Global Warming May Result In 100,000 More Diabetes Cases In The Us Yearly, Analysis Suggests
Aren Kaplan writing in the Los Angeles Times reported that global warming causing a 1°C rise in environmental temperature could result in 100,000 additional cases of diabetes in American adults. Relying on recent studies linking insulin sensitivity to temperature, Dutch scientists and the Centers for Disease Control and Prevention gathered “data on the prevalence of diabetes in all 50 states” and their average temperatures “for each year between 1996 and 2013.” They “found that the higher the average temperature in a particular time and place, the higher the age-adjusted incidence of diabetes.”
Here’s some promising bizarre news for back pain sufferers…
Spinal Underwear May Relieve Lower Back Pain
Dr. Para Pullen reported in the Rheumatologist that Yoshihiro Hagiwara, MD, PhD, assistant professor in the Department of Upper Limb Organ at Tohoku University School of Medicine in Japan, and colleagues published a study in the Journal of Occupational Health.¹ Although the study included healthcare workers, medical assistants and physical therapists, the majority (81%) of the participants were nurses, all of whom had low back pain. The experimental group wore special underwear at all times except while bathing and sleeping. Unfortunately, the investigators did not have actual sham underwear, so they could not create a double-blind experiment.
The individuals in the experimental group wore the Spinal Underwear for three months, and the control group remained on the waiting list for three months. The same blinded examiner evaluated both groups at the beginning and end of treatment. The investigators found the Spinal Underwear was able to reduce low back pain in healthcare workers, as measured by VAS. It also reduced Somatosensory Amplification Scale (SSAS) scores, as well as increasing lumbar spine range of motion and reducing neck pain.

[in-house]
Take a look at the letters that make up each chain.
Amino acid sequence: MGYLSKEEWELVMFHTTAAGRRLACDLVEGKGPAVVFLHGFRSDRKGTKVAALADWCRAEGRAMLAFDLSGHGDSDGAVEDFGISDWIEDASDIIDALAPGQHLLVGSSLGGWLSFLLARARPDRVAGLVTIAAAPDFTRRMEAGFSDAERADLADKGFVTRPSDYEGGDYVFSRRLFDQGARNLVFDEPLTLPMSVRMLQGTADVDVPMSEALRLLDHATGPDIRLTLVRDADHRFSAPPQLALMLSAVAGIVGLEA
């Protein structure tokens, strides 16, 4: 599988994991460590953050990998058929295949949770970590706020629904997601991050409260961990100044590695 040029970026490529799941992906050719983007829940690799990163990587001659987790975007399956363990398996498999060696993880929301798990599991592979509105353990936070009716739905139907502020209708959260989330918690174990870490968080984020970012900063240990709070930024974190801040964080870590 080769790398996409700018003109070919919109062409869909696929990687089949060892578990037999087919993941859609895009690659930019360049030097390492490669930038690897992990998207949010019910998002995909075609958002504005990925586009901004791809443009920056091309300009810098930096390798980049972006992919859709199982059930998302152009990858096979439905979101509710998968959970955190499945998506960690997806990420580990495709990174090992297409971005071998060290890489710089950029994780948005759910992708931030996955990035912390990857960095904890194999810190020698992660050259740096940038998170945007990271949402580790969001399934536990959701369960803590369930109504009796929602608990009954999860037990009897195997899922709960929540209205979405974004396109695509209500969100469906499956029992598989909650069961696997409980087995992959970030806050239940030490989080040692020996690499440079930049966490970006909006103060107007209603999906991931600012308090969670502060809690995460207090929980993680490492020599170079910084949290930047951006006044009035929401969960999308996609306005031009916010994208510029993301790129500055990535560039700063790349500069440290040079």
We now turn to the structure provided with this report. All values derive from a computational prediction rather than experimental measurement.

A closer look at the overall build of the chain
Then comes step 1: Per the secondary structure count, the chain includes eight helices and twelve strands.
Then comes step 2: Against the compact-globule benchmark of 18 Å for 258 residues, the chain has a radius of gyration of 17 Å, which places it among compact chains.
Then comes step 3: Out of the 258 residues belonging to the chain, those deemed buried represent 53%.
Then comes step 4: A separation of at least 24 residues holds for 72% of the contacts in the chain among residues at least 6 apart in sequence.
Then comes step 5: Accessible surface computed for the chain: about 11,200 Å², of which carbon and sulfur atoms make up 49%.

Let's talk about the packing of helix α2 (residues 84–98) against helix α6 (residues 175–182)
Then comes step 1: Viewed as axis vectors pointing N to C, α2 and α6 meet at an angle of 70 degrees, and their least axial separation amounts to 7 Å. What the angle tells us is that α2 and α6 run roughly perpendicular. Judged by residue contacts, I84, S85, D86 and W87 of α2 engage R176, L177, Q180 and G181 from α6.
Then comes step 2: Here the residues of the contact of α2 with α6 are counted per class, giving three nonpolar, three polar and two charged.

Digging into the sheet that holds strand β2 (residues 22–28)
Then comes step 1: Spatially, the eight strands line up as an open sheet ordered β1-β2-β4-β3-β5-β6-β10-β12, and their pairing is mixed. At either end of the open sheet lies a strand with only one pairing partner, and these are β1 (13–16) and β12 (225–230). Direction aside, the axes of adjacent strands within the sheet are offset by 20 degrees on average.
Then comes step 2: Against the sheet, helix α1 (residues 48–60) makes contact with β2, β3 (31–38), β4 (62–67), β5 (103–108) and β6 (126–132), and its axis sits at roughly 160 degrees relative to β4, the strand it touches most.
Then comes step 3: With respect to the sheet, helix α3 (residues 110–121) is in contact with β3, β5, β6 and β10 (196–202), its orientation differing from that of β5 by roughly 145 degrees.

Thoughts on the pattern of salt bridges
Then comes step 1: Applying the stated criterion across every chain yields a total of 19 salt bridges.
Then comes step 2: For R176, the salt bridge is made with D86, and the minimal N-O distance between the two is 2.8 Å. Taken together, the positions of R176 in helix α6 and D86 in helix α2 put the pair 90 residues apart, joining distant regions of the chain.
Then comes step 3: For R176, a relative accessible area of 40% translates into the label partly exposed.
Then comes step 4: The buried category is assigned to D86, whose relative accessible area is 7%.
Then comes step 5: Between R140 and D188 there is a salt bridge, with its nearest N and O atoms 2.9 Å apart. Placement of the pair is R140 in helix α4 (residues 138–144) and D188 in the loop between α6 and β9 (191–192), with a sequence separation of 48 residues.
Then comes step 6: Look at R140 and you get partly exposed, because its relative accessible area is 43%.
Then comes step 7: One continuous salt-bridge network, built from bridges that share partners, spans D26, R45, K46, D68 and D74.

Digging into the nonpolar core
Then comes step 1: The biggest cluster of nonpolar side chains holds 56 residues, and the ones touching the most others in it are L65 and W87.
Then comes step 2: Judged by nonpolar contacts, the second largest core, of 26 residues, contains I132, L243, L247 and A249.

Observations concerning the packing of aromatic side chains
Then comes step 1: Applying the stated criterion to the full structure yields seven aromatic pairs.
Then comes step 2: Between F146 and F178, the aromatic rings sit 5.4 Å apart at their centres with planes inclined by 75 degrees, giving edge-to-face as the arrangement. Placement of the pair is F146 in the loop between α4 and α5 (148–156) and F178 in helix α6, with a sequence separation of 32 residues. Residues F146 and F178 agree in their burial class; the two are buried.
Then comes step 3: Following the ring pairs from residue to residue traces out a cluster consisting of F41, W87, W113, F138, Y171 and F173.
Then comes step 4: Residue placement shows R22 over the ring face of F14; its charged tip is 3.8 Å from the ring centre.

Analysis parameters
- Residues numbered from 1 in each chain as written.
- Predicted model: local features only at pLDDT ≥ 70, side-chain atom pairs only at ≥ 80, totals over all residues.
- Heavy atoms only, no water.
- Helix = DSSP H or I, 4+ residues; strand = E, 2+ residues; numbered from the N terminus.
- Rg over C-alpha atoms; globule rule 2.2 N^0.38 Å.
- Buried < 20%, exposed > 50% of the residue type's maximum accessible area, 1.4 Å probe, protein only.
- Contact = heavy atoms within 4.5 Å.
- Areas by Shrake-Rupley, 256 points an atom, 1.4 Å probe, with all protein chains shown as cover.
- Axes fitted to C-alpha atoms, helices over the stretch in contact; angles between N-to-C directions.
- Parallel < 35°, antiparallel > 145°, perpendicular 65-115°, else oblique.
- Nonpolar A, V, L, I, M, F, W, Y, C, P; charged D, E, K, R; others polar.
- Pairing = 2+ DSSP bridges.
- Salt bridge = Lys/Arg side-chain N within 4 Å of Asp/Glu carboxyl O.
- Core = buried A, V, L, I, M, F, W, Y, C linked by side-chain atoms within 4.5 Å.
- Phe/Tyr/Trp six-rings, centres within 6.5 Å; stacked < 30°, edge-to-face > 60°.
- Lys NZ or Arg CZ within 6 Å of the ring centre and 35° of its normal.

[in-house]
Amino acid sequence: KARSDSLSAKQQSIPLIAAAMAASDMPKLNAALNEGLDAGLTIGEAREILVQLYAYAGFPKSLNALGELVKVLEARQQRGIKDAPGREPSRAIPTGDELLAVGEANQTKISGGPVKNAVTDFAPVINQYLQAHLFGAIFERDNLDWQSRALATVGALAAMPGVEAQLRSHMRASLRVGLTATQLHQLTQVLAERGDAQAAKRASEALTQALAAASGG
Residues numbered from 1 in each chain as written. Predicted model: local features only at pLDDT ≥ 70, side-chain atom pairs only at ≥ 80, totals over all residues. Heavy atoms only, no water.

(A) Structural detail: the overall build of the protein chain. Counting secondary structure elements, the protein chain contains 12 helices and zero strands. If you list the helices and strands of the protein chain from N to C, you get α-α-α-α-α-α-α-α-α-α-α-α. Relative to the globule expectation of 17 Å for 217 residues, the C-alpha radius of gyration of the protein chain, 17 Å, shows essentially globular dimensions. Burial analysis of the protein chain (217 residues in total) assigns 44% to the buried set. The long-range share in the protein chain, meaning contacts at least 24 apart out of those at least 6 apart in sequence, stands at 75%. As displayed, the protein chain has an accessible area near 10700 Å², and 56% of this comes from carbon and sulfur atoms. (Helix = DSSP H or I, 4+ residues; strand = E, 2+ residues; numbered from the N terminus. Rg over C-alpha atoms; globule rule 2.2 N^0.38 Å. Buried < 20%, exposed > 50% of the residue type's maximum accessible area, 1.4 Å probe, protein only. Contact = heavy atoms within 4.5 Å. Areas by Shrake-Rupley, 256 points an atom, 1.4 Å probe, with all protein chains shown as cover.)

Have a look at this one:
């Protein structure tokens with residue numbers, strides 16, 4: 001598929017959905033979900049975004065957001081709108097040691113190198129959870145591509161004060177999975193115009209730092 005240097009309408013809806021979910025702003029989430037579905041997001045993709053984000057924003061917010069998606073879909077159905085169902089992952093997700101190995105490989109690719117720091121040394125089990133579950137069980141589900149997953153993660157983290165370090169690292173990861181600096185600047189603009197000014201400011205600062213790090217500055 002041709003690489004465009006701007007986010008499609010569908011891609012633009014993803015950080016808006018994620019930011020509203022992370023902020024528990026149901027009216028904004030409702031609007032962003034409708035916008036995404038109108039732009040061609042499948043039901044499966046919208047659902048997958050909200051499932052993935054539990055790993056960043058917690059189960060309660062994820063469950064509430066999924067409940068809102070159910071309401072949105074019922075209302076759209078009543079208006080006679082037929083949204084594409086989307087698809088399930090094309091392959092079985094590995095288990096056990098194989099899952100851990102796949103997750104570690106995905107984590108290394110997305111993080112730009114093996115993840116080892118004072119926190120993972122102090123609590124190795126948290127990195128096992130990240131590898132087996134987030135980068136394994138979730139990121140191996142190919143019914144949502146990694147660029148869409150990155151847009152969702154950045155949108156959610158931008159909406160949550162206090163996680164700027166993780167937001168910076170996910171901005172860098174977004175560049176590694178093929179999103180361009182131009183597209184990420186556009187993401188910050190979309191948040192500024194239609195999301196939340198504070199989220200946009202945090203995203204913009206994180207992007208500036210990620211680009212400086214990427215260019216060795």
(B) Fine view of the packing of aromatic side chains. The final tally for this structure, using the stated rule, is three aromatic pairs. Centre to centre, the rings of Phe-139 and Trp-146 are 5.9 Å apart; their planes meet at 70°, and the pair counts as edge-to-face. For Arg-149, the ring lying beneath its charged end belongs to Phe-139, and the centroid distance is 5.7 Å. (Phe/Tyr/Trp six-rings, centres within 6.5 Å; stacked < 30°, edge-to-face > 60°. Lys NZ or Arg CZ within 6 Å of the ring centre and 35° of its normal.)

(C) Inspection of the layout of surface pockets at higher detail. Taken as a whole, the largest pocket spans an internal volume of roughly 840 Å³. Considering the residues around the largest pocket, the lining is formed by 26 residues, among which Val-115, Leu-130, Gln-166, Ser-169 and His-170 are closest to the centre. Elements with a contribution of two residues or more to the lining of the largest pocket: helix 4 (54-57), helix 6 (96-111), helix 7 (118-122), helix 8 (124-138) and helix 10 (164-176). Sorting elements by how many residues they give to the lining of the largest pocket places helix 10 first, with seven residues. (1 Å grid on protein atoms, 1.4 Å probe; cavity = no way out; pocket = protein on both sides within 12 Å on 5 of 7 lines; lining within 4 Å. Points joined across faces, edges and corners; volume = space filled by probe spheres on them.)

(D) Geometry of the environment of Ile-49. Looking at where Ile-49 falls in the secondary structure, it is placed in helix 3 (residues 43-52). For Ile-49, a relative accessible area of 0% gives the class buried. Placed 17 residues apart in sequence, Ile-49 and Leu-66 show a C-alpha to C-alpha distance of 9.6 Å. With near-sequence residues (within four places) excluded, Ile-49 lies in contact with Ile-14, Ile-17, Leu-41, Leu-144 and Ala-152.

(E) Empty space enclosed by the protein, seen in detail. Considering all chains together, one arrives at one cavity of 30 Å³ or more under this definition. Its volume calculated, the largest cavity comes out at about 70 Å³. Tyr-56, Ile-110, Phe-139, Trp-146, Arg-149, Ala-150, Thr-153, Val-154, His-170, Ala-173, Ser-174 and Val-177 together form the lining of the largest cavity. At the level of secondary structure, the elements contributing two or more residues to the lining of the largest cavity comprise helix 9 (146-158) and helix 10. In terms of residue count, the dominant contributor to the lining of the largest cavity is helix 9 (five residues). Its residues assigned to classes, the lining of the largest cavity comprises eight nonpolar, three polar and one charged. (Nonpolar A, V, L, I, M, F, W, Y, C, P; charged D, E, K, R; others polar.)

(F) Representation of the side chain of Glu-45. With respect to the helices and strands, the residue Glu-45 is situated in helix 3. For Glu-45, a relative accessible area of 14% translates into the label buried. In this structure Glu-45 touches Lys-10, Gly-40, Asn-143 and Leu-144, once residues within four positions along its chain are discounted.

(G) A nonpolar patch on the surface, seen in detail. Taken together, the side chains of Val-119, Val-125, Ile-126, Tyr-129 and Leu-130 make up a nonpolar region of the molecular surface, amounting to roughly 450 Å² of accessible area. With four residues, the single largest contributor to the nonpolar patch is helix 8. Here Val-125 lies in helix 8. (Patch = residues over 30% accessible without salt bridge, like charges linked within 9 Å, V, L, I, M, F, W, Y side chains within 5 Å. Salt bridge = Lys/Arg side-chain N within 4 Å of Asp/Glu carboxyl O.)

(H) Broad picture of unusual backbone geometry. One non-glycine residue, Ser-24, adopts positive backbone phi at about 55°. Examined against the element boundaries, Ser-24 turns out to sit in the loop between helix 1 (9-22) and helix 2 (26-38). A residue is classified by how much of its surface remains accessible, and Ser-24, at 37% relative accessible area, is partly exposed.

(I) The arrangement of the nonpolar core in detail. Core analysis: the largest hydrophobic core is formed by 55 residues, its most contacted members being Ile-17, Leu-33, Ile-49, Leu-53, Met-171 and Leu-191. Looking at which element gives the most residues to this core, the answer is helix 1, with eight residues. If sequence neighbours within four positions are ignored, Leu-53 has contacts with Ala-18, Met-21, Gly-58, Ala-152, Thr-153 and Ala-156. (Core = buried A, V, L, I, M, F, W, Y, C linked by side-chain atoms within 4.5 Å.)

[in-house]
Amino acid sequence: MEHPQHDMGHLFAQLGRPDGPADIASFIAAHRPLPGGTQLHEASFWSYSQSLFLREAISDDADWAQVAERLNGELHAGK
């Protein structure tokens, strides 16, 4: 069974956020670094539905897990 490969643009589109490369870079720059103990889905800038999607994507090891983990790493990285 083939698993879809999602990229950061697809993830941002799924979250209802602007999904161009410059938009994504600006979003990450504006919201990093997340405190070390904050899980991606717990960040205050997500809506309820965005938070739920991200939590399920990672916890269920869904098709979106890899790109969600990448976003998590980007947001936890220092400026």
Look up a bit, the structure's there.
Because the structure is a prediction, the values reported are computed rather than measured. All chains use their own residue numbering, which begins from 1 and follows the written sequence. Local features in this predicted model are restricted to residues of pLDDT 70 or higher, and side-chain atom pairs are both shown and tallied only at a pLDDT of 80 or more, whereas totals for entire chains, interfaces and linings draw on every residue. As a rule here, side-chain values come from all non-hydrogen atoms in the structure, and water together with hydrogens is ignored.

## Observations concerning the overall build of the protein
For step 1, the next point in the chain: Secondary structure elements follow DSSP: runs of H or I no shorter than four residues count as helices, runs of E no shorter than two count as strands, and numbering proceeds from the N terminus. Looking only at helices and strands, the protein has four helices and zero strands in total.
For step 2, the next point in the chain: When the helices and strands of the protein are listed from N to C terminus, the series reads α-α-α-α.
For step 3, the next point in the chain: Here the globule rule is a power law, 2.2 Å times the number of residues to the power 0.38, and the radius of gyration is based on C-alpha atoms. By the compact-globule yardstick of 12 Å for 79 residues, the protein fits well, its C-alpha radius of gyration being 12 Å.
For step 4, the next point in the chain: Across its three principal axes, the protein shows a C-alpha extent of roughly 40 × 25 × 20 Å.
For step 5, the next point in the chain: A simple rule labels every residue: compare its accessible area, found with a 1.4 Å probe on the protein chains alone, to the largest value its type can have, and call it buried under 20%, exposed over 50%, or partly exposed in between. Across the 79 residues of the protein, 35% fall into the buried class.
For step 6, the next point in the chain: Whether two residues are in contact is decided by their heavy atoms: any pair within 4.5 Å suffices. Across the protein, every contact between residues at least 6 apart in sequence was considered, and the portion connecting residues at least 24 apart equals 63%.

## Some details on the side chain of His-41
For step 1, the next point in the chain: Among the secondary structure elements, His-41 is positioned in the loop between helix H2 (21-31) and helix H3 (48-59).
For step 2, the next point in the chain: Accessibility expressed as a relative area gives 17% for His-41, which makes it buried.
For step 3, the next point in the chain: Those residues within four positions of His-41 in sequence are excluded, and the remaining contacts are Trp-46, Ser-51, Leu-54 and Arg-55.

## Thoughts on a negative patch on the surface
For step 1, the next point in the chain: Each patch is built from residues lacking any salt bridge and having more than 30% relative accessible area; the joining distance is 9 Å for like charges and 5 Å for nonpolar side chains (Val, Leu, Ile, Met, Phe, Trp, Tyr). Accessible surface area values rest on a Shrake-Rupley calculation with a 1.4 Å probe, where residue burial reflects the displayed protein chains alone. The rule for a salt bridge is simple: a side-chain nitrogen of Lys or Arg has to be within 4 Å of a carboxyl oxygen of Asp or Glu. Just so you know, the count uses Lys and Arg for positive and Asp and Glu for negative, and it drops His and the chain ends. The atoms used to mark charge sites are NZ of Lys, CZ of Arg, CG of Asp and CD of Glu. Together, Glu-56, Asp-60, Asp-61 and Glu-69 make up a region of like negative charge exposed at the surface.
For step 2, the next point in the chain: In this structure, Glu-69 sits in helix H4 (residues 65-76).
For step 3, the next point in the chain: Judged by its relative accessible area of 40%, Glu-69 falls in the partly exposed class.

Comment: They ought to combine these with Depends. Now that would be a product!
Beta blocker use associated with less joint pain and opioid use in osteoarthritis
Ajai Raj writing in Pain Medicine News reported on a study published in Arthritis Care and Research. A University of Nottingham trial looked at 873 patients with osteoarthritis of the hip or knee. From their prospective observational study they concluded that beta blockers, drugs used commonly for patients with cardiac disease and hypertension helped reduce arthritis related pain. In addition the use of opioids was also reduced. They proposed a randomized trial would better assess these findings.
So… does the fact you’re a night owl affect your eating habits… next